People are becoming more and more aware of the need for activity, Dr. Joel Press tells Reuters Health in a phone interview.
“We were meant to move. We were not meant to be stagnant in any way, so I think this study does confirm that. It’s a big study where they looked at a lot of people,” says Press, who is physiatrist-in-chief at the Hospital for Special Surgery in New York.
Usually, Press tells people who already have back pain to cut down on the sitting and increase movement with low-impact activities, such as walking.
“Generally lower impact, walking type things are probably the starting point. Swimming is another low impact activity that puts less load on your back, but you’re still getting a lot of cardiovascular fitness and movement with it,” said Press, who was not involved in the current study.
It may be best to avoid starting out with sports that have a lot of twisting and turning, such as golf, baseball and tennis unless you take precautions to try not to get into a position where you’re going to make it worse, he noted.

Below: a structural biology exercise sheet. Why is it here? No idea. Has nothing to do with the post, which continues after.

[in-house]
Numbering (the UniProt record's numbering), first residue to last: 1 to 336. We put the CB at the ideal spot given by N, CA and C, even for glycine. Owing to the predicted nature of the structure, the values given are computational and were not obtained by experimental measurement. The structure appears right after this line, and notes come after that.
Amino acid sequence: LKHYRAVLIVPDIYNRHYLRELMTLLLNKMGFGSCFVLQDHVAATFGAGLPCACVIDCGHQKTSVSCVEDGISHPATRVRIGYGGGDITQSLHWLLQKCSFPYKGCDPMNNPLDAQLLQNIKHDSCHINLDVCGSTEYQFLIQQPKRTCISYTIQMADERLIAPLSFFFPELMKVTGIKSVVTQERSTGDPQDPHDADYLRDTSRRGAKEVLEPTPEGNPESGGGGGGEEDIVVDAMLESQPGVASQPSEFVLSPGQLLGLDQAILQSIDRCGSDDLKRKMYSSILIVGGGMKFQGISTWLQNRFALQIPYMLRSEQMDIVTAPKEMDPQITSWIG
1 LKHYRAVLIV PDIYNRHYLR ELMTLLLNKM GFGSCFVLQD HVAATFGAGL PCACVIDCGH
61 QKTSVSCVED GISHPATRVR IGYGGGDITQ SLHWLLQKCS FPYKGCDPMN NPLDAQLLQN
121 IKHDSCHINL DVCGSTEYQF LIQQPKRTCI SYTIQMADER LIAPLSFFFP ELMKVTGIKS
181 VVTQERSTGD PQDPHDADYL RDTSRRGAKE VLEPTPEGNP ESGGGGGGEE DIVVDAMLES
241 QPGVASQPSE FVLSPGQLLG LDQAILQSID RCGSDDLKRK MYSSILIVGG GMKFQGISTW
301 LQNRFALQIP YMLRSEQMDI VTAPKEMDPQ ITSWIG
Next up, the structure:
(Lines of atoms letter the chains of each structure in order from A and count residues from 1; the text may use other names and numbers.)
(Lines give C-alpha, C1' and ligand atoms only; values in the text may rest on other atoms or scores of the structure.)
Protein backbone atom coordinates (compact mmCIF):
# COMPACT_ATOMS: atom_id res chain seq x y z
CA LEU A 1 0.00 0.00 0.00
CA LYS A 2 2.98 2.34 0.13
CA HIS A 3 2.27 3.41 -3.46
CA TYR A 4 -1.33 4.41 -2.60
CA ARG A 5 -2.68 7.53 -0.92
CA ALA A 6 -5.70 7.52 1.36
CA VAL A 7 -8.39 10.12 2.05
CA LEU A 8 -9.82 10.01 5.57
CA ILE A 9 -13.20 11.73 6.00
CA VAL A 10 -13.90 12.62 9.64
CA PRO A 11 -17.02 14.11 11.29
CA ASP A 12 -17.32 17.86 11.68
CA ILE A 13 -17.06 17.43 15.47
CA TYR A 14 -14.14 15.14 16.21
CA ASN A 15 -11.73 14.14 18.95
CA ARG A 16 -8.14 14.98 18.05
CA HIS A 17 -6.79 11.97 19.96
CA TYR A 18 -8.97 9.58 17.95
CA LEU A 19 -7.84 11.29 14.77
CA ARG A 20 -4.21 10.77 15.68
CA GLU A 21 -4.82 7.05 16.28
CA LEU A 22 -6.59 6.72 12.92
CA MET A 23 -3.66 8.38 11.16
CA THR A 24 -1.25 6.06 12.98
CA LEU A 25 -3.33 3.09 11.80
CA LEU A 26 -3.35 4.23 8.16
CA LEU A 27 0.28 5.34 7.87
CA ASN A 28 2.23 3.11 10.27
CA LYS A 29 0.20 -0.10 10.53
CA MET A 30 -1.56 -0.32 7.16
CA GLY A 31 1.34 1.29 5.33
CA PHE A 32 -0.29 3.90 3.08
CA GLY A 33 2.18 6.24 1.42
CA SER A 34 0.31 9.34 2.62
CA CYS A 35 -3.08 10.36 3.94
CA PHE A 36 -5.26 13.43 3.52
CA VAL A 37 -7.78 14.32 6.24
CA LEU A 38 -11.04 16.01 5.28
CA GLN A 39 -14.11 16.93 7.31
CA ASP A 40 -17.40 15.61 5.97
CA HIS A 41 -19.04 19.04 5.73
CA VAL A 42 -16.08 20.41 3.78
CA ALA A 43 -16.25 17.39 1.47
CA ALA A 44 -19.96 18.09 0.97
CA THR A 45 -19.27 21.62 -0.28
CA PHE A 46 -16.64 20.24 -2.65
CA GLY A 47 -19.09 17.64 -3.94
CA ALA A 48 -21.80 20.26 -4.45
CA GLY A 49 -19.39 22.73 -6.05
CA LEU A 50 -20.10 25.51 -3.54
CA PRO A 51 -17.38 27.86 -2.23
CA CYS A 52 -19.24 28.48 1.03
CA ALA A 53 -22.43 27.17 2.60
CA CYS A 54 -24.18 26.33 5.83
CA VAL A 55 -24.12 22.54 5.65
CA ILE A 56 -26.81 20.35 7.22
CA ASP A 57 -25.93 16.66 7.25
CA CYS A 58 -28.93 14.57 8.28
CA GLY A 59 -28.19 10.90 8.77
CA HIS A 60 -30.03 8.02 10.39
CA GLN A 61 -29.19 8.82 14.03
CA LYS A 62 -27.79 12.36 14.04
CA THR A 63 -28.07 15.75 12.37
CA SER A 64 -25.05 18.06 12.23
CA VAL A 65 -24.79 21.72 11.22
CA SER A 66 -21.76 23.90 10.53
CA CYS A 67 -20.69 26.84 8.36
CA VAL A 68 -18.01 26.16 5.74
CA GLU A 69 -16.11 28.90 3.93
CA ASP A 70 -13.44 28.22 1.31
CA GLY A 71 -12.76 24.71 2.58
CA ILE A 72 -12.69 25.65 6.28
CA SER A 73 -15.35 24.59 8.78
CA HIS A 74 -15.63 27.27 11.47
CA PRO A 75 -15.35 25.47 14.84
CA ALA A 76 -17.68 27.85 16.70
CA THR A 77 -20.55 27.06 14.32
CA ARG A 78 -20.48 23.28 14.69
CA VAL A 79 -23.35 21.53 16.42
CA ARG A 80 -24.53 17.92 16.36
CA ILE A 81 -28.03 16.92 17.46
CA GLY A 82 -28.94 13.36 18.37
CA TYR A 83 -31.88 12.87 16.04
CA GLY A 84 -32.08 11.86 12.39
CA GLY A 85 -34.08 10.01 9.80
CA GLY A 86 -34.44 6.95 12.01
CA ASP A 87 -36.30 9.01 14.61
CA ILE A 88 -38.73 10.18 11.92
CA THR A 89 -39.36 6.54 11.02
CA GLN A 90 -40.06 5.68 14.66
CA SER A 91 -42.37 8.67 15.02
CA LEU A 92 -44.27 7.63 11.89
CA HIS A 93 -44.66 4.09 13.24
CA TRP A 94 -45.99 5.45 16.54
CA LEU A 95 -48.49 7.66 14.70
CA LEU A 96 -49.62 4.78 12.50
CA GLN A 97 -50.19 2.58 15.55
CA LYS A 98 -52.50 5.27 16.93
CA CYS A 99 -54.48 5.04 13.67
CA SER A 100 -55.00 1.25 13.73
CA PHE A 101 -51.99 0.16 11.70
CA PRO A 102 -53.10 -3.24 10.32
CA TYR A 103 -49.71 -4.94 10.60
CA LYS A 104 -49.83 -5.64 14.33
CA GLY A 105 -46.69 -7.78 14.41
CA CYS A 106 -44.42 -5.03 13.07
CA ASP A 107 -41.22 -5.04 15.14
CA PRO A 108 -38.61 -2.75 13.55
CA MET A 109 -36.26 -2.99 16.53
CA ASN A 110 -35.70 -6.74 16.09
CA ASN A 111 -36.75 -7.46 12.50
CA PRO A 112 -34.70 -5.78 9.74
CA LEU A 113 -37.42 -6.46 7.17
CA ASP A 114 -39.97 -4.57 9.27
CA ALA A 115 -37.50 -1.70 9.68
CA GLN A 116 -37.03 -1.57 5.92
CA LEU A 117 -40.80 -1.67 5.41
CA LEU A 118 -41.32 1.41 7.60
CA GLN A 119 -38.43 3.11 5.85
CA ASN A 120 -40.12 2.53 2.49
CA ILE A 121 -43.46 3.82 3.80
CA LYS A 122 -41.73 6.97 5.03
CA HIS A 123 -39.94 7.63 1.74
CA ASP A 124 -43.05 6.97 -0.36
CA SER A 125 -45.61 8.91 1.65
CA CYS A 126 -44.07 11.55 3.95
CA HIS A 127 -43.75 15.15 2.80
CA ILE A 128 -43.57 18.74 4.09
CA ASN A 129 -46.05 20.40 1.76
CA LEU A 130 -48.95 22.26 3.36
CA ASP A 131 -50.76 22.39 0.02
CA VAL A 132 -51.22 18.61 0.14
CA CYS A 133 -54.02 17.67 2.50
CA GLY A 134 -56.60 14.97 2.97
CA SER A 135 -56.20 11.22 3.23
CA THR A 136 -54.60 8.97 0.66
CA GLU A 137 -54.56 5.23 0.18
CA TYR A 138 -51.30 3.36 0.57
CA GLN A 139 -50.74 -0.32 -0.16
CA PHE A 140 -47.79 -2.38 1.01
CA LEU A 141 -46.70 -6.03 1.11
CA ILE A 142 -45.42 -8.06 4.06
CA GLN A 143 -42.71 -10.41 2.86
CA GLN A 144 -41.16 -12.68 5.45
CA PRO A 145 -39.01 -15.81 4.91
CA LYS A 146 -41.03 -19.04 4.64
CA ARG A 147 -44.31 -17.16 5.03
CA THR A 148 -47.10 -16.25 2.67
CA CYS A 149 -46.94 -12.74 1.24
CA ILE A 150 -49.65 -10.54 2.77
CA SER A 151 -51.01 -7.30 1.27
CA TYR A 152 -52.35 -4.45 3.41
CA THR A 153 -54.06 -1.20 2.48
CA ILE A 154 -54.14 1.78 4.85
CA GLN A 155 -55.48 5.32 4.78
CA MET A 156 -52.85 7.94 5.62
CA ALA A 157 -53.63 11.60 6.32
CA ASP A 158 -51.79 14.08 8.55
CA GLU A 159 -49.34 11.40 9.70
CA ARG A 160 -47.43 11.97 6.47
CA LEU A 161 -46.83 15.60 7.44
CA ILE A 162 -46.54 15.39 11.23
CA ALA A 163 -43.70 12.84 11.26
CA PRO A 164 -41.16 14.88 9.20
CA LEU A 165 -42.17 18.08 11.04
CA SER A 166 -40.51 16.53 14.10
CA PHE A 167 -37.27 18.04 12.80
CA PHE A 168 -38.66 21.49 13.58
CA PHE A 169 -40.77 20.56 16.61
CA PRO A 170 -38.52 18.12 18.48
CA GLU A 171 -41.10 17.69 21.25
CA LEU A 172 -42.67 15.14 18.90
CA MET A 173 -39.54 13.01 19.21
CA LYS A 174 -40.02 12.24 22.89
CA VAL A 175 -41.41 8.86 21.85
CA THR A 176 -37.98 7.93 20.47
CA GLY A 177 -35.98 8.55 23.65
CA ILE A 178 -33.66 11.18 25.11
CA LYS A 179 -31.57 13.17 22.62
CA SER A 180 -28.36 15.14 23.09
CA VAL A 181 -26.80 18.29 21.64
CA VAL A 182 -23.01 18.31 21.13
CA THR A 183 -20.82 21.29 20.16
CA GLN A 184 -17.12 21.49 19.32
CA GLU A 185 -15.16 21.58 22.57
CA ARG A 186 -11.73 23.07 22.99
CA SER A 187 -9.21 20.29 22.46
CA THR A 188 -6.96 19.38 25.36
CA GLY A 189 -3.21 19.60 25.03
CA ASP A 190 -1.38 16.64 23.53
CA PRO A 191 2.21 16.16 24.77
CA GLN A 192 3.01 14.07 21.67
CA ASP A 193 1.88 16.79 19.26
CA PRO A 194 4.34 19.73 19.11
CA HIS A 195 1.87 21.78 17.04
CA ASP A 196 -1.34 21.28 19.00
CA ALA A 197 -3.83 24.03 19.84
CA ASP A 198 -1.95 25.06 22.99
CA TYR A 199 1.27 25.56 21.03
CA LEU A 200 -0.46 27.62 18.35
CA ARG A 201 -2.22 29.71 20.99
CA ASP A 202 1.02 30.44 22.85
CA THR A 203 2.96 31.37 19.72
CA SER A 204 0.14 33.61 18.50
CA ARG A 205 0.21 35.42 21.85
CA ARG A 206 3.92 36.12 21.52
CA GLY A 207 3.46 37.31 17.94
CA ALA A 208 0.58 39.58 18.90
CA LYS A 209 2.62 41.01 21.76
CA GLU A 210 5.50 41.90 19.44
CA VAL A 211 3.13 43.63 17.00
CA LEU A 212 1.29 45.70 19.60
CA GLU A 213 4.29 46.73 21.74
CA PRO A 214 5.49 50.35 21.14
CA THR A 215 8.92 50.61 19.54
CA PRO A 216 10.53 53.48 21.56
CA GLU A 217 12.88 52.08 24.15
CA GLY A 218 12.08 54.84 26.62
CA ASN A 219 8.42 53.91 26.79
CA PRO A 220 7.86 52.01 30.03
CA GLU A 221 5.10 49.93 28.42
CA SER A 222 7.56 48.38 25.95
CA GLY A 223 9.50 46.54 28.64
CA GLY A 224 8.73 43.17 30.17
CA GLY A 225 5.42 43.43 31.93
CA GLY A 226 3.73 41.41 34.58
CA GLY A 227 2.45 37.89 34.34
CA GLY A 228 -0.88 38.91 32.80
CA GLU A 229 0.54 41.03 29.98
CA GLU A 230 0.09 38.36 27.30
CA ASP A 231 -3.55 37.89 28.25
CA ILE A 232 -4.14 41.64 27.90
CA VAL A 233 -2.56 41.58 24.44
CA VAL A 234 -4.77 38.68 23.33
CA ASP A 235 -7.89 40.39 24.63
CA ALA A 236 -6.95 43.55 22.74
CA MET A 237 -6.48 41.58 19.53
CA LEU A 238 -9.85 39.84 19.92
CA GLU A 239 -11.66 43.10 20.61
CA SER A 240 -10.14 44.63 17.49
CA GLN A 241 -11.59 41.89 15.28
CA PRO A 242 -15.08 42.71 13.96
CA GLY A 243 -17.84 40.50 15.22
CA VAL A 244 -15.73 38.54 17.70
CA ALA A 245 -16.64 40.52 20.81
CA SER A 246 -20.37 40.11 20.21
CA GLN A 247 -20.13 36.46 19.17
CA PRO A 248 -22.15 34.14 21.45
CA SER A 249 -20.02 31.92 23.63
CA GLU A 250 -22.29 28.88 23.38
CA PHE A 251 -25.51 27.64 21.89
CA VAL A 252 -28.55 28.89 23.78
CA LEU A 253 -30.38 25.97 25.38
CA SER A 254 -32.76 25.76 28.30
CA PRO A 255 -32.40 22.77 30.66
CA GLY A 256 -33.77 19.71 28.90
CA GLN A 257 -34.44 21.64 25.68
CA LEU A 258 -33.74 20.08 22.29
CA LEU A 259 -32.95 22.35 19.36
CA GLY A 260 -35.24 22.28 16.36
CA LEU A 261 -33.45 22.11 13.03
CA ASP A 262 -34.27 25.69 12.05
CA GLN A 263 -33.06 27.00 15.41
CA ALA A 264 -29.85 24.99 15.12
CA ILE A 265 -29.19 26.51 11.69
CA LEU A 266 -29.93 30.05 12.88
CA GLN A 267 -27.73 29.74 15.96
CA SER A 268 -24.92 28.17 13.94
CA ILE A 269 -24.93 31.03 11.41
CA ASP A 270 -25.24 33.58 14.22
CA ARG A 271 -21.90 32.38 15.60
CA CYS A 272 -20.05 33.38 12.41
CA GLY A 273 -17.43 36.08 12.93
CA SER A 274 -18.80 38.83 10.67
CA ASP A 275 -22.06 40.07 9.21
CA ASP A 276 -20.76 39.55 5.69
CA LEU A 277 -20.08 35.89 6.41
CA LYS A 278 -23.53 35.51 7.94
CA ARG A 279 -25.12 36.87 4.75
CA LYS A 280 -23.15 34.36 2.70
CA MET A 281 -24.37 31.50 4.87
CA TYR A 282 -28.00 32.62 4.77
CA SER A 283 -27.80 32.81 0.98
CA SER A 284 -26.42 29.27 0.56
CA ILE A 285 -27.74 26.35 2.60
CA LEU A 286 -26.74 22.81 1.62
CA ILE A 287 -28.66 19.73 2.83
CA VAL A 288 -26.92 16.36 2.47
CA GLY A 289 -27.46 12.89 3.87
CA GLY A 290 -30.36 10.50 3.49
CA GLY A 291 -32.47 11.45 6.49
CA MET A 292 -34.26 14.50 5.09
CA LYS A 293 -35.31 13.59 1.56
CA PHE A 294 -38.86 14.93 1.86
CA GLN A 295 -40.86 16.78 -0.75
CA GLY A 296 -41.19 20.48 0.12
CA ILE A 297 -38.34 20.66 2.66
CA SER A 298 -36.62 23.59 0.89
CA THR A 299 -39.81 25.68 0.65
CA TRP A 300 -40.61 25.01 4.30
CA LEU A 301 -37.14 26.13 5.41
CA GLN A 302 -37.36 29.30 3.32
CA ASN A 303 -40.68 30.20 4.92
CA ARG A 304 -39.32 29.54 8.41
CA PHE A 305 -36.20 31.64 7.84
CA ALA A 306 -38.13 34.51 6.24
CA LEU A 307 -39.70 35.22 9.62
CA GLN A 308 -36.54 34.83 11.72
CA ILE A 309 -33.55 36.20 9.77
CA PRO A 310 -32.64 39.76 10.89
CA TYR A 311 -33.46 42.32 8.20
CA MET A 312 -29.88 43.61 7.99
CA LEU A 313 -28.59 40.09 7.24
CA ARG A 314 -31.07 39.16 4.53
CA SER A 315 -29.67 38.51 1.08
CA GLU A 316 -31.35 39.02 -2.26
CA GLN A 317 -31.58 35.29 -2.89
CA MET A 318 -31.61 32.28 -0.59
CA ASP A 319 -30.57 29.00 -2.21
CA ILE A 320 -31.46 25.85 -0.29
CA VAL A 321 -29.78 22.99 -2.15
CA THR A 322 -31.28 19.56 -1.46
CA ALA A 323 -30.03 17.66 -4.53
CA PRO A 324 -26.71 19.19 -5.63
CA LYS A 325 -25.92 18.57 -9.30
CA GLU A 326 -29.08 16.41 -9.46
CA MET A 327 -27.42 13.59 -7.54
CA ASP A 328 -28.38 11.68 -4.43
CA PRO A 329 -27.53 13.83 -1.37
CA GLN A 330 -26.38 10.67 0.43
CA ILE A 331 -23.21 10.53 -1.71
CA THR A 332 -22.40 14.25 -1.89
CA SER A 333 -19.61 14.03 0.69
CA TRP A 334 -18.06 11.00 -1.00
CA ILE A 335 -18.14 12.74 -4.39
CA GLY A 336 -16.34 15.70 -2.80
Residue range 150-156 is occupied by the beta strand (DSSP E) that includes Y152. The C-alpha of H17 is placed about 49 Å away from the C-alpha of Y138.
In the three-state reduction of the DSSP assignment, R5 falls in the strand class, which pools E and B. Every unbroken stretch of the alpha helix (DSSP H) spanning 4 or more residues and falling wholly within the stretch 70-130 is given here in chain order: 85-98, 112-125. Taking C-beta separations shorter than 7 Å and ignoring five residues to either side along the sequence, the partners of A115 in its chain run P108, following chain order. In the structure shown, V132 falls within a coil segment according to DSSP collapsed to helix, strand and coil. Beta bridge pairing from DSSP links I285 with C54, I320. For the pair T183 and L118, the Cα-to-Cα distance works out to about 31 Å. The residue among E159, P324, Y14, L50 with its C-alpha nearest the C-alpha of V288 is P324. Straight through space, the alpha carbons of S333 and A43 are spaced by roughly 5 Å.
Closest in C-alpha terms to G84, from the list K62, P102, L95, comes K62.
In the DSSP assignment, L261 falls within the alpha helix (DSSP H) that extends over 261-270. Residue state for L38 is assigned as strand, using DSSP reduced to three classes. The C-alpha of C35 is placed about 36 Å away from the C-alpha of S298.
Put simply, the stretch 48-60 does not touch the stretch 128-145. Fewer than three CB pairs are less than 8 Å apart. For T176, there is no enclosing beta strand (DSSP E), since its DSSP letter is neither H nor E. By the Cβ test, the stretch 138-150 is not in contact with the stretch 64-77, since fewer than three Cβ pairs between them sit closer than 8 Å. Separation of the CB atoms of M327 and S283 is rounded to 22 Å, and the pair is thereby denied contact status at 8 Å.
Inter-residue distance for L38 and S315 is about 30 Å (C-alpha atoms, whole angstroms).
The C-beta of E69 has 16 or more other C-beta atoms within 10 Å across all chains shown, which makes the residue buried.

“I think the biggest thing is, if you’re doing an activity and every time you’re doing it the pain intensifies while you’re doing the activity, or even afterward, you’re worse off than you were before,” Press says. “If somebody does an exercise and they’re a little sore right afterward, but by later that day they feel fine, and the next day they’re no worse, they feel fine, that’s a green light—go ahead, you’re doing okay.”
- Shiri R, Falah-Hassani K. Does leisure time physical activity protect against low back pain? Systematic review and meta-analysis of 36 prospective cohort studies. Br J Sports Med. 2017 Jun 14. pii: bjsports-2016-097352. doi: 10.1136/bjsports-2016-097352. [Epub ahead of print]